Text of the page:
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Big Banks Get the Collective Finger

Monday, November 7, 2011 | Ed Pawelec

At least 650,000 Americans have flipped big banks the bird in the month since Bank of America (BAC) proposed a $5.00 debit card fee, according to Credit Union National Association (CUNA).  This compares to an average of roughly 80,000 new Credit Union members per month in 2011.

CUNA reported on November 4 that, since B of A announced the new fee in late September, “credit unions have added $4.5 billion in new savings accounts.”  That data applies only to credit unions, and not smaller community and regional banks which have also seen increasing business. 

You'd better believe the big banks, like Citigroup (C), JP Morgan (JPM), and Wells Fargo (WFC), took notice of the trend.  None of them instituted new debit card fees, and BAC quickly withdrew its proposed fee.

Although they seem to have been stymied on debit card fees, you can be sure that the big banks are searching their collective brains to find a new way to pull some additional cash from the consumer.  (The irony is that consumer deposits and credit are frequently the smallest part of a big bank's business, compared to the rest of their revenue sources.)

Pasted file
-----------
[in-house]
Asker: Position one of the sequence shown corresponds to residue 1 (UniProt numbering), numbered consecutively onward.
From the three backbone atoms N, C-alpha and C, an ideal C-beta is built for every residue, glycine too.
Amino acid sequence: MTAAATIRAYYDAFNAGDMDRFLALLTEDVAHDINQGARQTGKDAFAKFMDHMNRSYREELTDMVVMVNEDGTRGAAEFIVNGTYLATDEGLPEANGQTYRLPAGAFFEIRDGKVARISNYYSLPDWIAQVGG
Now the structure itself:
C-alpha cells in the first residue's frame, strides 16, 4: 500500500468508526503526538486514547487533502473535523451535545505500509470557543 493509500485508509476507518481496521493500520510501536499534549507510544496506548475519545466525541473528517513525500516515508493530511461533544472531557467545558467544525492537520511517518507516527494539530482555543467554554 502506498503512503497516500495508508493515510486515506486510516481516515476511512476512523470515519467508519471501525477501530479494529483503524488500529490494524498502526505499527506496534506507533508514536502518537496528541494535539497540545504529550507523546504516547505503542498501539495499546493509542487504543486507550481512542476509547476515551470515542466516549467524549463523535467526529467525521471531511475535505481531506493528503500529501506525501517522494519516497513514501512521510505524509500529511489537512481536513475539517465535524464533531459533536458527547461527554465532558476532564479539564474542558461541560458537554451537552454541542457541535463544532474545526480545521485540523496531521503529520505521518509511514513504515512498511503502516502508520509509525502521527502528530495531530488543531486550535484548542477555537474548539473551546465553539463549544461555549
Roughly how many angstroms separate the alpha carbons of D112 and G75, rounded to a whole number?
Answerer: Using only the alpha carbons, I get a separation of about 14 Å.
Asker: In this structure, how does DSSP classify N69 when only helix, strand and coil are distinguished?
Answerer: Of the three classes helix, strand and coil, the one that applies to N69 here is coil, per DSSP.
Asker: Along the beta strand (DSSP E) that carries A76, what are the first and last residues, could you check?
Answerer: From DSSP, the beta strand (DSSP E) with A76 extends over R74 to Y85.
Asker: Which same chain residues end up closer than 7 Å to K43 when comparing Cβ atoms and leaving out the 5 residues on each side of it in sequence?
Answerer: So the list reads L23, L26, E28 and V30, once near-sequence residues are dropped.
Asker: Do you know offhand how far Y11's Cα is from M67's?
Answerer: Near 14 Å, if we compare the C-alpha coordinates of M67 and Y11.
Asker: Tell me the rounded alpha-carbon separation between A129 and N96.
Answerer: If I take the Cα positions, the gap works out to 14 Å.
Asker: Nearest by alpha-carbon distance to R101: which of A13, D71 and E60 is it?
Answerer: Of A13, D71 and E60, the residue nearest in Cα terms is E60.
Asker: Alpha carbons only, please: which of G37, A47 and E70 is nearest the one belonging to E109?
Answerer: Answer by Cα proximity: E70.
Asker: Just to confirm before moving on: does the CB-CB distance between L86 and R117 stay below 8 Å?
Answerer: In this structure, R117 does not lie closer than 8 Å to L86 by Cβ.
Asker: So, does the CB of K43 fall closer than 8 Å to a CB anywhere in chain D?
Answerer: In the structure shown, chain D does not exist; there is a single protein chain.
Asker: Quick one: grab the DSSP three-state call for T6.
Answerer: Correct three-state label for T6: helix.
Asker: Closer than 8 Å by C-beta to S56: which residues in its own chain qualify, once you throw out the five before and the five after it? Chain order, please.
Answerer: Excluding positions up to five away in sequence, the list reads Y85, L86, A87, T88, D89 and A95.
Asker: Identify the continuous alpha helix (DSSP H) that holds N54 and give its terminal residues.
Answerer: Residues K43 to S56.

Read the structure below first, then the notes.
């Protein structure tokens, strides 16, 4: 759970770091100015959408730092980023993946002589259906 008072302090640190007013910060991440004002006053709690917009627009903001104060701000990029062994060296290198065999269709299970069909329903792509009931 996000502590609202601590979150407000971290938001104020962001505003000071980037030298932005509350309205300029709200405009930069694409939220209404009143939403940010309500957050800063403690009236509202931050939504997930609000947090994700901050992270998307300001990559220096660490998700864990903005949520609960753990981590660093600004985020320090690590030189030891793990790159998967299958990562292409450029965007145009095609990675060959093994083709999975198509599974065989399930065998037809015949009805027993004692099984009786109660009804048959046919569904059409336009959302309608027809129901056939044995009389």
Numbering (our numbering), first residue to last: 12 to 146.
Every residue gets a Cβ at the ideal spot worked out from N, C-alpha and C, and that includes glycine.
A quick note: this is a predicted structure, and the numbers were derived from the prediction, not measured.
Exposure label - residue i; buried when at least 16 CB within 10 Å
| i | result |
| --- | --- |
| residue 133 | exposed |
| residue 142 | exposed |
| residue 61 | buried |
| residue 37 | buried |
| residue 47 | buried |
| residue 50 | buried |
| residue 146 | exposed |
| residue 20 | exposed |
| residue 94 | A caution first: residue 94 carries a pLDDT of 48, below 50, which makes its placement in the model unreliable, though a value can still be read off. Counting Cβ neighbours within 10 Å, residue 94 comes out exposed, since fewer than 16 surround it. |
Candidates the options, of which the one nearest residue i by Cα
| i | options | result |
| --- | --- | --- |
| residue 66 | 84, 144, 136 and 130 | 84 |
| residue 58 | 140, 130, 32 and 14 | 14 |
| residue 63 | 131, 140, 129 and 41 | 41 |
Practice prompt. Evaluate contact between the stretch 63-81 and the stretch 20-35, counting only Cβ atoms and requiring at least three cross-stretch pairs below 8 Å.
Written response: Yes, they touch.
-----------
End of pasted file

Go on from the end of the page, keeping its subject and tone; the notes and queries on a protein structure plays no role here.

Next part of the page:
As the big banks reported earnings last month, the headlines spoke little of consumers or small businesses.  Instead, we got articles like BofA’s Drop in Trading Revenue Exceeds Citi’s.  This is what your tax dollars are insuring and bailing out: hedge funds, not banks.

Believe me, it's easy enough to rant about that, but I’d rather focus on something more useful.  To quote Costas, “The point here is that you must take control of planning for your future now.”  And choosing the right bank or credit union for your needs is one of your means of taking control.

The History

The recent focus on credit unions has evolved from a grassroots movement with the facebook page Bank Transfer Day.  The goal was to have a mass movement of funds from large banks to credit unions by November 5.  I think that the arbitrary date confused some people, since you can do this at any time, but it did get the masses moving in the right direction.

27 year old Kristen Christian is credited with getting the movement going, but it had its origins during the heat of the financial crisis, when the Move Your Money Project kicked off.  That is a good place to start a search for a new financial institution, since it includes both credit unions and community banks.

Now don’t get me wrong, I would not move my money to a different bank just for the sake of “punishing” the big banks.  But you’re doing yourself a disservice if you don’t at least take a look around. 

I was recently looking for a home equity line of credit (HELOC), and after checking around my local banks and the larger banks, I found the best deal at Citizens Bank.  It’s not a credit union, and it’s not a recommendation.  About an hour on a Saturday led me to find the best deal for my needs, and it is saving me a few hundred bucks a month.  It’s all part of managing your money.

The Cons